- Project Architect:Chema Bould
- Design Team:Chema Bould, Jade Vidal, Anna Dutton, Bob Sinclair, Rose Heeley, Ben Shields
- Builder:Phil Ellison
- Landscape Design:Sean Edgington
- City:Mount Martha
Text description provided by the architects. Hover house is a residence in beachside Mt. Martha (Victoria, Australia) re-imagining the single dwelling courtyard on a rear battle-axe block. The project brief was for a tranquil, sustainable and private home filled with natural light, warmth and texture.
As privacy and outlook were limited the concept sought to create a captivating internal focus in the form of a central courtyard, providing a strong link between key spaces. In order to maximise natural light and privacy a simple sectional gable shape was extruded through the east-west axis of the house, resulting in a form that efficiently collects rainwater, incorporates sustainable passive systems and emphasises views to distant gum tree canopies.
Hover House provides the clients and their friends and family with a warm and functional home all year round, adaptable to varying internal and external circumstances. Lovingly detailed concealed sliding doors and timber screens allow for the flexibility of each bedroom wing to be open or closed independently from the main living space, aiding energy efficiency and privacy and varying the character of the house with different configurations. Bedrooms and kitchen areas also capture discrete connections to exterior gardens around the site periphery, complementing the courtyard focus of the living and entry areas.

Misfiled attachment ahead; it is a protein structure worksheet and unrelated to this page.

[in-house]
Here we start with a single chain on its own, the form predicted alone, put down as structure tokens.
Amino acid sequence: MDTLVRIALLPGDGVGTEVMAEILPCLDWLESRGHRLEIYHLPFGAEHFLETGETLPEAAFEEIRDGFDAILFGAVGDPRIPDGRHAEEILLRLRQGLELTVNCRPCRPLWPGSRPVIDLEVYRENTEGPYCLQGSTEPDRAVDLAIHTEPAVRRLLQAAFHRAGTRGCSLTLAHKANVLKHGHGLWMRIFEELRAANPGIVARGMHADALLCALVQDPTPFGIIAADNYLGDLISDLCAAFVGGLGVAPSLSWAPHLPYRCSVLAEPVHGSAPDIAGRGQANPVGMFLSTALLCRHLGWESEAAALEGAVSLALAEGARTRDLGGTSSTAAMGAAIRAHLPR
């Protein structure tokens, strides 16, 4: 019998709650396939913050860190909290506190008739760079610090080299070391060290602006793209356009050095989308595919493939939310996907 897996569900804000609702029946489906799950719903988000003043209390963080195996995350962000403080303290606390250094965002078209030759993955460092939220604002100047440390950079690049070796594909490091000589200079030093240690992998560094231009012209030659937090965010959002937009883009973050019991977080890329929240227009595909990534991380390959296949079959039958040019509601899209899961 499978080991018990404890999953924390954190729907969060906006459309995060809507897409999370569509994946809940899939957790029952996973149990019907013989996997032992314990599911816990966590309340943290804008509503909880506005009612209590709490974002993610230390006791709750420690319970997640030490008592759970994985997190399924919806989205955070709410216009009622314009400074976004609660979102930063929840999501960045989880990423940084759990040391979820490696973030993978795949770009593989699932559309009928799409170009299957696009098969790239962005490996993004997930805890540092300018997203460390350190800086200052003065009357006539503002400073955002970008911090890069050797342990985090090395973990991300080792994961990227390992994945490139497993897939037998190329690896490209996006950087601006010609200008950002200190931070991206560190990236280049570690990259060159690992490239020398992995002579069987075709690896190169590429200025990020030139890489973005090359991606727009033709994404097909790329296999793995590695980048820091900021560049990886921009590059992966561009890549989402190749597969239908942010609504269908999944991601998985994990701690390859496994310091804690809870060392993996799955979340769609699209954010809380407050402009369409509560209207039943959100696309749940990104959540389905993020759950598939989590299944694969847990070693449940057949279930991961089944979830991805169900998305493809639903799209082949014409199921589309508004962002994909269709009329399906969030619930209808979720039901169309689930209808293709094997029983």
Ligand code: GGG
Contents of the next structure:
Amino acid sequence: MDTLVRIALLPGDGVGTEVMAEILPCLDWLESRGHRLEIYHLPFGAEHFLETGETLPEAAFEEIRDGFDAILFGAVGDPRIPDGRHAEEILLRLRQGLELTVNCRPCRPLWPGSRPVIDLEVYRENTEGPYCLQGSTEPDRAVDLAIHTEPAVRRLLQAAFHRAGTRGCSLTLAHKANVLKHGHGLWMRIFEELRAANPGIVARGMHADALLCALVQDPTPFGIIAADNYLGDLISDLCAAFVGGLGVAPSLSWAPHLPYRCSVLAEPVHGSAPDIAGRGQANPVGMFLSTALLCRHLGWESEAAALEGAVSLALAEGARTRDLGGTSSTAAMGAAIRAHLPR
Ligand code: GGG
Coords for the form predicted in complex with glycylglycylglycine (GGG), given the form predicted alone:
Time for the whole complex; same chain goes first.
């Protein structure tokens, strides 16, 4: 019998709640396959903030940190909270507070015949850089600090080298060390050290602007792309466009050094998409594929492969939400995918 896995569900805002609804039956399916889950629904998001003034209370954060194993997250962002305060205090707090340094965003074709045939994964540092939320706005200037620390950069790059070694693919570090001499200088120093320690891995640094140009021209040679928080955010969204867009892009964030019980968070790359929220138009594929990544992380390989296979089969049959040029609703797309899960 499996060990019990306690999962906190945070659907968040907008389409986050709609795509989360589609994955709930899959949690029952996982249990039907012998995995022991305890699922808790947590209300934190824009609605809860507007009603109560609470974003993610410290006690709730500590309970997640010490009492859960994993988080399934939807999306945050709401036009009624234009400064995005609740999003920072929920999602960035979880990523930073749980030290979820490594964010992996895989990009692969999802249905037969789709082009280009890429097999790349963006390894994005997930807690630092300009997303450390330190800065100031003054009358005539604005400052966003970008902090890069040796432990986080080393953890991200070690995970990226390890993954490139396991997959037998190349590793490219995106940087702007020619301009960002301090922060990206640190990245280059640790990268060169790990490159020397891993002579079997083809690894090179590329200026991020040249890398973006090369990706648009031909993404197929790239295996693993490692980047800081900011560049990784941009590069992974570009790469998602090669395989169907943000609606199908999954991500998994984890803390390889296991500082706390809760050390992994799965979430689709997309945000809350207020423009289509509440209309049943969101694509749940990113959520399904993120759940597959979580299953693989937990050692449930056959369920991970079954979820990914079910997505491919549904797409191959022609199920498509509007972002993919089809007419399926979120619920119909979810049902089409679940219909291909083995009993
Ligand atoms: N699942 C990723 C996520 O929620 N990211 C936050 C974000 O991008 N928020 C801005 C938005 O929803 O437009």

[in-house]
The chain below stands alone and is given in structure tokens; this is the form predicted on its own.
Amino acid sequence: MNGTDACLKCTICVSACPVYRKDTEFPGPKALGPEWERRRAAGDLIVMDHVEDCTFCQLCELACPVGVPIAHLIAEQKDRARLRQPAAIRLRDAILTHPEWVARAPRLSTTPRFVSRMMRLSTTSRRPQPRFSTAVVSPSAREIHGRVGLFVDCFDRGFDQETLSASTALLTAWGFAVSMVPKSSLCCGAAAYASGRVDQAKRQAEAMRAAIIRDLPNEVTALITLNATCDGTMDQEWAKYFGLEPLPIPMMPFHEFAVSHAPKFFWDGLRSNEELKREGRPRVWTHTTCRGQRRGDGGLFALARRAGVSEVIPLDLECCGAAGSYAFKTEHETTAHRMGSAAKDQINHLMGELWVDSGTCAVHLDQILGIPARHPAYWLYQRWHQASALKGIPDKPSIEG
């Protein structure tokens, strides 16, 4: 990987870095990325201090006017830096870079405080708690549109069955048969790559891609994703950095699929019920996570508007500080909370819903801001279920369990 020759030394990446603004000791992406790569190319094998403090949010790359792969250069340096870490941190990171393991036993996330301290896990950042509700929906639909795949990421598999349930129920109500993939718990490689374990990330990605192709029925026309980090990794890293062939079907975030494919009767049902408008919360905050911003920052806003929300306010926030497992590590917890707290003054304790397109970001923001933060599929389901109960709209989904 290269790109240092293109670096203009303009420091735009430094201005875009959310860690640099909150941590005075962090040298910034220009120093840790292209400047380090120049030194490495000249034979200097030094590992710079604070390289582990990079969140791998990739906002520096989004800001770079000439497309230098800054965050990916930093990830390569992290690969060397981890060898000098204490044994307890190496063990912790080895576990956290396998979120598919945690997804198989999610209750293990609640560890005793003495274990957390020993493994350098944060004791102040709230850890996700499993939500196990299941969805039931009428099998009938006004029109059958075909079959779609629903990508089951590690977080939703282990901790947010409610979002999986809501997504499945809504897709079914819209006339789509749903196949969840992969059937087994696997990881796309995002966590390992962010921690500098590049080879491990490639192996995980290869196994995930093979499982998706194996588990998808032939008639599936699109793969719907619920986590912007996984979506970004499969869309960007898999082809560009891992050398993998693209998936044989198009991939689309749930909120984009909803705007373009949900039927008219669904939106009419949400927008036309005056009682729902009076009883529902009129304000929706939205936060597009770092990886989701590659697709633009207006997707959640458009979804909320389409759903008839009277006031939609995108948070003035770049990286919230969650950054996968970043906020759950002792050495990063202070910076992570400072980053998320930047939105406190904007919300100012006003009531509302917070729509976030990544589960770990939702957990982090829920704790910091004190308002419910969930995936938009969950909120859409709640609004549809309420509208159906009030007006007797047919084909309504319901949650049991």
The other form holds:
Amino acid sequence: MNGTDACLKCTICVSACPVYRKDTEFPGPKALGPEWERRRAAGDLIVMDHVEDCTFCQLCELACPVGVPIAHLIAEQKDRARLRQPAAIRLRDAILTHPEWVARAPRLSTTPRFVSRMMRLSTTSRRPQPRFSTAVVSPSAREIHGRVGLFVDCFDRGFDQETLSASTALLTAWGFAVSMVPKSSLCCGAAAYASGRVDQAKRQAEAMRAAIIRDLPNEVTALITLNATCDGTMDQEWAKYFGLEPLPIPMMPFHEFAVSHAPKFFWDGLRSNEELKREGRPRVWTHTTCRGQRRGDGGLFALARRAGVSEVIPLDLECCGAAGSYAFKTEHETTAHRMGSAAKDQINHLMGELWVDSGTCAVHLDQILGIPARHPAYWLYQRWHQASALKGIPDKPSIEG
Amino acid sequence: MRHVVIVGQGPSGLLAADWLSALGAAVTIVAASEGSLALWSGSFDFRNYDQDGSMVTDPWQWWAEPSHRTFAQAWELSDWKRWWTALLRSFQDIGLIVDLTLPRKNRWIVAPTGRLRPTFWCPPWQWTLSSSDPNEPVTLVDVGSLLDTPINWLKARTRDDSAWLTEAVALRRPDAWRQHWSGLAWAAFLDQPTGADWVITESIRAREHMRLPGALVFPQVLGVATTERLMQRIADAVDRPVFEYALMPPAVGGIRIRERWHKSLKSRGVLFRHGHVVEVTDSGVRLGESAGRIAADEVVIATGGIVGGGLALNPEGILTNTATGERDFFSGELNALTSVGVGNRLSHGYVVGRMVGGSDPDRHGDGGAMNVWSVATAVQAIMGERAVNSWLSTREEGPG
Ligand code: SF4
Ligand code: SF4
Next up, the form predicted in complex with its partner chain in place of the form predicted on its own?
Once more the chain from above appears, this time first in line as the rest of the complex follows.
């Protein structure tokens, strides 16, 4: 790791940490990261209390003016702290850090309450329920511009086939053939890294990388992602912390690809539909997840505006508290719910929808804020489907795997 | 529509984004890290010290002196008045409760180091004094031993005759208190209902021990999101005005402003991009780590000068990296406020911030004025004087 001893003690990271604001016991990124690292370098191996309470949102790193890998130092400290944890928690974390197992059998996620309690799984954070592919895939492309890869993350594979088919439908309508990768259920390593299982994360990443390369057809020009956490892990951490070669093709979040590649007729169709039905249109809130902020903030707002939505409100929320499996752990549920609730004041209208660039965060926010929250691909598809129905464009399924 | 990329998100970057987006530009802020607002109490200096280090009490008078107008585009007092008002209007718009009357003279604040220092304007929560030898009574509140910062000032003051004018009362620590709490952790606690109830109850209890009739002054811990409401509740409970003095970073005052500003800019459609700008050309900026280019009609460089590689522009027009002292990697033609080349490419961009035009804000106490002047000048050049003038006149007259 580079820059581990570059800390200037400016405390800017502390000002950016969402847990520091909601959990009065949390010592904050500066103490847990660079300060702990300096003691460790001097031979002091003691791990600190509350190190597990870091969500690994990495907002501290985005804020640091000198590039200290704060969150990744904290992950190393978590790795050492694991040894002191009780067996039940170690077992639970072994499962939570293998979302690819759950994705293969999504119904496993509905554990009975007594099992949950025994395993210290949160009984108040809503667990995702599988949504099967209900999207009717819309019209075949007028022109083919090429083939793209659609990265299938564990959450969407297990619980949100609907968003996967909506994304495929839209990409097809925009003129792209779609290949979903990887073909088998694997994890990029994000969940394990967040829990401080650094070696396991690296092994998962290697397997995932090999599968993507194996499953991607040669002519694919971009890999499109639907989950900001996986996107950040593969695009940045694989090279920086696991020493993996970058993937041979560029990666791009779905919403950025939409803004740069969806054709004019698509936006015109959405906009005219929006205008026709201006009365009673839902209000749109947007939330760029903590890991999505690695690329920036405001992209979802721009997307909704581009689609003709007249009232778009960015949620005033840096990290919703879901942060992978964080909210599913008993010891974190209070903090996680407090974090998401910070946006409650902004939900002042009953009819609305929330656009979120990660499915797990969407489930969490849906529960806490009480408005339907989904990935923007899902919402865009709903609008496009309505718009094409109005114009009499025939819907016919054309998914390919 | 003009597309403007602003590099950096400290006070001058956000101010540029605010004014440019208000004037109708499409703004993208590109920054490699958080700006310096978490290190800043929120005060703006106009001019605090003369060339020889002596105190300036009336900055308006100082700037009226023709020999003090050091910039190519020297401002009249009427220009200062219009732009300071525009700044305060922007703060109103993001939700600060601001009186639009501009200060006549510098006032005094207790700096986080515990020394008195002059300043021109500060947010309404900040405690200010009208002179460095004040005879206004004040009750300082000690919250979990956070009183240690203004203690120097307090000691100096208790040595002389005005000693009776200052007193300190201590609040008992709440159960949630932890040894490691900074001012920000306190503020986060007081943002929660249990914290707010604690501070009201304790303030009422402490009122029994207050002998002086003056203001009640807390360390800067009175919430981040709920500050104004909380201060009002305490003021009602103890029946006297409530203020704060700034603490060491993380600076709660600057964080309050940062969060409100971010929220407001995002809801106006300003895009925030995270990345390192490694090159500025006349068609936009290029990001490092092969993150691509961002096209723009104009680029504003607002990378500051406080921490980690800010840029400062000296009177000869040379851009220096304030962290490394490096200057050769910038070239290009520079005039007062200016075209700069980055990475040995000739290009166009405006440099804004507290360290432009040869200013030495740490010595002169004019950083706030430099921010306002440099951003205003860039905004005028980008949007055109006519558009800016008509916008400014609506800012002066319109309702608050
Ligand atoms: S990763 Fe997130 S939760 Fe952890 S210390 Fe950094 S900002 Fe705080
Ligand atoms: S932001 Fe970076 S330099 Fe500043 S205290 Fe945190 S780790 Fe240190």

Internal concrete blockwork, timber veneer and a polished concrete floor provide cost effective texture and warmth throughout the internal living spaces. The reverse veneer blockwork, insulated concrete slab and fireplace are also effective as thermal mass and, combined with passive ventilation, result in a low energy house which is cost effective to run.
Hover House is a “replicable prototype for cost effective, high-amenity housing” (Nigel Bertram, AIA Victorian Architecture Awards Jury 2014) suitable for other sites where a hostile outlook invites the creation of a meaningful inward focus.